GSwift7
not rated yet Jan 07, 2014
If anybody has any ideas for molecules that could explain the observed density, I'm all ears


It is almost certainly hydrogen, helium, nitrogen, carbon, oxygen, etc. Just look at the list for Saturn or Jupiter and it's likely to be somewhat like that. We really just have to guess at this point.

As for the nature of the planet, don't jump the gun on trying to reason it out. Just accept the fact that we don't know much about it yet, and wait till we learn more.

Honestly, I didn't expect to see a planet like this. Then again, this isn't a sun-like star we're talking about here. When you're talking about sun-like stars, this thing might not be possible.

I wonder what they'll call this class of planet; a gas earth maybe?
OceanDeep
not rated yet Jan 07, 2014
"is Earth-mass but gassy"

Like Rush Limbaugh!
Torbjorn_Larsson_OM
3 / 5 (2) Jan 08, 2014
"The team estimates its temperature to be 220 degrees Fahrenheit, too hot for life as we know it."

Well, I am beaten to it, but that line is just wrong. In such high pressures there is a larger range of liquid water. We now have seen extremophiles surviving 130 degC and procreating in 122 degC. The upper limit is believed to be ~ 150 degC, when RNA and other essential organics destabilizes too much.

@vlaaing peerd: Well answered, but it is perhaps counterproductive in this case since Sinister IIRC has a track record of being anti-scientist creationist. In any case he is, as is standard creationist formulae, trolling the discredited idea of Rare Earth. It was serious science around -00, but IMHO daft as it is an open-ended bayesian model. And now _every_ factor in the original formulation has been shown to be wrong as regards habitability.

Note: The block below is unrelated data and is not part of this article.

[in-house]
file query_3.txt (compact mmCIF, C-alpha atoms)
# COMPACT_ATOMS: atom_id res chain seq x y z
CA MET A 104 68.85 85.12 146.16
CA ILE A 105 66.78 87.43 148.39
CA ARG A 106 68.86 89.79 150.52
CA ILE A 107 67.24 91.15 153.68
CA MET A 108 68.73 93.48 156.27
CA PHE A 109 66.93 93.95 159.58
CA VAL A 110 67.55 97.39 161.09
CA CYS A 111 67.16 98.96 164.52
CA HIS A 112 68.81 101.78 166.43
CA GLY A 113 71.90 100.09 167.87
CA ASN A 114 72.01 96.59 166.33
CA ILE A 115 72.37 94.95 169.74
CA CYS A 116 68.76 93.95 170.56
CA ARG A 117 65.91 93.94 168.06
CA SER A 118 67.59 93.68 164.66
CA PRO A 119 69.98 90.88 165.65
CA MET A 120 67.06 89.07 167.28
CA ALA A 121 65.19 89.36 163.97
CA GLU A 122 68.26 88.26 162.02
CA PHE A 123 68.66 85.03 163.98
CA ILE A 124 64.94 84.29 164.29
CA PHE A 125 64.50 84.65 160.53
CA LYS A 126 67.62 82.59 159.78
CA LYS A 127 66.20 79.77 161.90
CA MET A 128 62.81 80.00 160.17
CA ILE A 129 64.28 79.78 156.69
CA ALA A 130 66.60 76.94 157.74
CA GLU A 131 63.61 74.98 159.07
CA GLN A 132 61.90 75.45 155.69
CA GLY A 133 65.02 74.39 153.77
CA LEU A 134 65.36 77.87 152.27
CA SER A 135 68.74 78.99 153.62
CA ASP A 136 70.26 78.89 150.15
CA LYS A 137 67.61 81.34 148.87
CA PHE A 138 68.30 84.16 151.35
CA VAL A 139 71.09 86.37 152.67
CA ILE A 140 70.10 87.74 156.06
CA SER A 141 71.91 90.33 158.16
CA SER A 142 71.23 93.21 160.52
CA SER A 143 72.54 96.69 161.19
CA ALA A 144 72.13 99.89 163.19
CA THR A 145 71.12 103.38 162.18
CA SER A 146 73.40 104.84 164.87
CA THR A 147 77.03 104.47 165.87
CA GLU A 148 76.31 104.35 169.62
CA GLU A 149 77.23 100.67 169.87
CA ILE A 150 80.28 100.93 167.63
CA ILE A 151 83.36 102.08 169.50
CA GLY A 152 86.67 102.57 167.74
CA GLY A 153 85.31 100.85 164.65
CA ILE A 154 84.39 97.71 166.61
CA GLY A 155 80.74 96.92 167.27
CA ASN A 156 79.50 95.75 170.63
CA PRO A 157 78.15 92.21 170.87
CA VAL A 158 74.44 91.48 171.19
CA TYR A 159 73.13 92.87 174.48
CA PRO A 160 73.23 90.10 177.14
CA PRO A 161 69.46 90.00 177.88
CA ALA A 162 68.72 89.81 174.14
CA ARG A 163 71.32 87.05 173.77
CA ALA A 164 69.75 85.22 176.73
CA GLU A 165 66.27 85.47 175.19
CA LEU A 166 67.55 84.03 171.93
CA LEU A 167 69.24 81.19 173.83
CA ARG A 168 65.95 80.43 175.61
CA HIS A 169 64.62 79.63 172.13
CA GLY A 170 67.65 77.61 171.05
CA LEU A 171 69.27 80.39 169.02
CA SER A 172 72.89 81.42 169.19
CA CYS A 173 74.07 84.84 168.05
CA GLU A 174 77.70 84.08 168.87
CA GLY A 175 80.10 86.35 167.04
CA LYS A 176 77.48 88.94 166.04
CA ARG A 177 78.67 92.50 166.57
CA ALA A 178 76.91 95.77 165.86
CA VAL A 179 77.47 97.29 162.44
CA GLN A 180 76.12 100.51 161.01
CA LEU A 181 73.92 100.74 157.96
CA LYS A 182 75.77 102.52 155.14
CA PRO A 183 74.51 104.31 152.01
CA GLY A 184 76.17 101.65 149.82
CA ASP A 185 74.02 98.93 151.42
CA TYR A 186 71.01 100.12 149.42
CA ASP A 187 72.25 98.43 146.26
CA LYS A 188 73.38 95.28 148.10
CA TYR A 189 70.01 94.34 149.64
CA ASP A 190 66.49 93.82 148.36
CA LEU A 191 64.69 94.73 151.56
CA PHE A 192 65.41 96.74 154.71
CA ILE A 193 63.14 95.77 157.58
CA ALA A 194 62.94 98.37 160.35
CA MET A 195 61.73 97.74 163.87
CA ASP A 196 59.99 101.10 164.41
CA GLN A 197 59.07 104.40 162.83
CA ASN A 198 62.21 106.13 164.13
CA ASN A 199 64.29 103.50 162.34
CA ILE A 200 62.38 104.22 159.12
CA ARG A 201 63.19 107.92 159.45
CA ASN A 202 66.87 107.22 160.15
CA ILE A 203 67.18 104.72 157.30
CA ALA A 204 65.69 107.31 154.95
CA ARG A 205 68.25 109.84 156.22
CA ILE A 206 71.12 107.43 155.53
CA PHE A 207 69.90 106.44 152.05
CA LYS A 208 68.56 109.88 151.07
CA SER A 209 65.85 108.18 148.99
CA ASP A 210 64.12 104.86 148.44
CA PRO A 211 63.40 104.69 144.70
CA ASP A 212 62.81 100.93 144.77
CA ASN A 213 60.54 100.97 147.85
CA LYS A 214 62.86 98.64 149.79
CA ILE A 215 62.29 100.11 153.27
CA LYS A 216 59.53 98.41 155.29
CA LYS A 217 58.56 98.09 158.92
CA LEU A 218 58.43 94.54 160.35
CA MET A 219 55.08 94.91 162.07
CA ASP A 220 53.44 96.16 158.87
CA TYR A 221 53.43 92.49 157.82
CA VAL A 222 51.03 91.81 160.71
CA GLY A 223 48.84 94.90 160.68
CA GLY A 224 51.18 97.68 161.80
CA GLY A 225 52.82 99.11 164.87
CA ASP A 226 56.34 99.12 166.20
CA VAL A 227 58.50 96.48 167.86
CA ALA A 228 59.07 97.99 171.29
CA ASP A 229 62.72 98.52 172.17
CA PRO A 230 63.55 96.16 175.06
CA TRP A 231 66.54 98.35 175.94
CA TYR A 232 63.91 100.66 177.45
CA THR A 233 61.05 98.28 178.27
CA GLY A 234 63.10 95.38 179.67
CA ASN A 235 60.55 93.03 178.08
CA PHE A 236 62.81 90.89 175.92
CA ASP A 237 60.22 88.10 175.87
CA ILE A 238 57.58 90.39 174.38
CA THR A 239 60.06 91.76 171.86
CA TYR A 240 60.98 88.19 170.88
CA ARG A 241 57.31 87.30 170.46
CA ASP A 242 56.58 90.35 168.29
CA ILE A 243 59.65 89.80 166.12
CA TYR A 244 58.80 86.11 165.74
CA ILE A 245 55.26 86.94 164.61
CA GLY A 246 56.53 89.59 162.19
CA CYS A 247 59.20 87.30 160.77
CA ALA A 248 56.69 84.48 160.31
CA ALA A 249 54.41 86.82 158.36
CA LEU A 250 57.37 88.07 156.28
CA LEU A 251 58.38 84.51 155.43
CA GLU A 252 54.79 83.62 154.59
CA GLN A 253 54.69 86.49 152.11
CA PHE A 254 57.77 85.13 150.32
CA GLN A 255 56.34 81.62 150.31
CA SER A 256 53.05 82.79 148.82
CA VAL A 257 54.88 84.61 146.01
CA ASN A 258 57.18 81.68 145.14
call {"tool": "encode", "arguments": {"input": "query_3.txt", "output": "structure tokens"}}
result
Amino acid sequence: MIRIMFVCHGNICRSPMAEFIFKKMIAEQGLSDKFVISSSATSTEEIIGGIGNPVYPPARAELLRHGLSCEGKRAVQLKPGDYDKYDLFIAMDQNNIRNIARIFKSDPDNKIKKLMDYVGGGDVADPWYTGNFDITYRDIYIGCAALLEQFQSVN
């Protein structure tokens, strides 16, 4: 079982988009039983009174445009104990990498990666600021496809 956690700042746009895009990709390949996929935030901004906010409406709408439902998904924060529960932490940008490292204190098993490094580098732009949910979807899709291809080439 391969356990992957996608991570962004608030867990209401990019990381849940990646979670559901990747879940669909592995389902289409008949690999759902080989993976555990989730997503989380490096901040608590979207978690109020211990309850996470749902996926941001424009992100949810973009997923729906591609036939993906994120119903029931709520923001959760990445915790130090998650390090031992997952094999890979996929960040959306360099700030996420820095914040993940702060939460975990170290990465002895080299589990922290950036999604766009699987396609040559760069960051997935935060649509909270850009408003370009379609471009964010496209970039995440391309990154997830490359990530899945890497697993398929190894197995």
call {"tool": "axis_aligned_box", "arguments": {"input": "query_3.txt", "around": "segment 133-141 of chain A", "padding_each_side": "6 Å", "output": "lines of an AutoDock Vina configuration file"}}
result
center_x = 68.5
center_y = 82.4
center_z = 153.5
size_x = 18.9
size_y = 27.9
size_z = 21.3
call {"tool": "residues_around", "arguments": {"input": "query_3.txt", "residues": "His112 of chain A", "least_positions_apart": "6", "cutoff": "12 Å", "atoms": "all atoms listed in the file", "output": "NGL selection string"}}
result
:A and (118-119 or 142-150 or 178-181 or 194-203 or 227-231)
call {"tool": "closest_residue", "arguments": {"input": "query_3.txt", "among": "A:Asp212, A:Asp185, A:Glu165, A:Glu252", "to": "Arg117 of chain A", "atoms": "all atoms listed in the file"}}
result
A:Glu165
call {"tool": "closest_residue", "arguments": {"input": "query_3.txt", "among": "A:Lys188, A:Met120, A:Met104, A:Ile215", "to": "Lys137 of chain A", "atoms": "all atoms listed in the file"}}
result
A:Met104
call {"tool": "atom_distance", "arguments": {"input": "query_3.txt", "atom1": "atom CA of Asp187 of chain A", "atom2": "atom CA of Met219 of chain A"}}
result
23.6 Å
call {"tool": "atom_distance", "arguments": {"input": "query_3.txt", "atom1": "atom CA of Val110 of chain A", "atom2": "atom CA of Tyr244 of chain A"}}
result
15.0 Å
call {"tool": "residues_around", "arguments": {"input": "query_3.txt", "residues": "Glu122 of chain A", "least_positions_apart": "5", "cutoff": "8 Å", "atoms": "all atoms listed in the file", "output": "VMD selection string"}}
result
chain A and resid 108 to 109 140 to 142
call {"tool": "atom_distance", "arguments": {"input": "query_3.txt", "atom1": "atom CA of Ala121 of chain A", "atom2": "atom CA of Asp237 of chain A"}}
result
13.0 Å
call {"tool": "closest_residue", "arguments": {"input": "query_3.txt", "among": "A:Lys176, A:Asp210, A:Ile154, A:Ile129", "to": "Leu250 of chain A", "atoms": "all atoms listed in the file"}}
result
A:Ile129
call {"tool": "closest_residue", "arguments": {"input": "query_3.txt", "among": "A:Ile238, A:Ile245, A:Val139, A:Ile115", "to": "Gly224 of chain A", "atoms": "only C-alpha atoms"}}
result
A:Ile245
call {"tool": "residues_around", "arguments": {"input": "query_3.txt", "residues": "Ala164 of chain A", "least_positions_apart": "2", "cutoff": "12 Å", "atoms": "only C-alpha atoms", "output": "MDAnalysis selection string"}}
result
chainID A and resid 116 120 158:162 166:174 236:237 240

Torbjorn_Larsson_OM
1 / 5 (1) Jan 08, 2014
@Returners: "exotic ice at extreme depths in the ocean is a barrier to nutrient uptake".

Sure, but impactors would deliver a lot of nutrients. They may have up to half of our volatiles. It is ice moons, where impactors will be delayed by ice convection, that is more iffy in that regard.

@GS: "Kepler didn't stay functional long enough to spot earth-sized planets in earth-like orbits."

Luckily, it stayed functional long enough for the team to make a good estimate of the frequency of such Earth analogs. 20 % of G stars with the optimistic HZ definition, or 10 % with the pessimistic. Comes out as a few % of stars.
Graeme
not rated yet Jan 11, 2014
Perhaps there are other ways to have a planet with a shadow this big. Maybe it is orbited by a ring. Or perhaps there is a fleet of solar energy harvesting satellites. Detailed shape of the change in amount of light or transmittance spectrum of the planet may show whether or not there is an atmosphere of H2. Light variations reflected from a planetary ring as it orbits the star could give a clue as to whether there is one.
Sinister1812
not rated yet Jan 17, 2014
@vlaaing peerd: Well answered, but it is perhaps counterproductive in this case since Sinister IIRC has a track record of being anti-scientist creationist. In any case he is, as is standard creationist formulae, trolling the discredited idea of Rare Earth. It was serious science around -00, but IMHO daft as it is an open-ended bayesian model. And now _every_ factor in the original formulation has been shown to be wrong as regards habitability.


LOL Really? Calling me anti-scientist creationist? When I have never mentioned God or creation here once, as I am an atheist. I support science 100%, but I am simply saying that another Earth has not yet been discovered, not that it doesn't exist out there (it might). Earth-size? Yes. Earth-like? We don't know. You misunderstood my argument, and felt the need to lash out personally and label me a "creationist troll" and "anti-science". I am neither of those things, so no, you didn't remember correctly.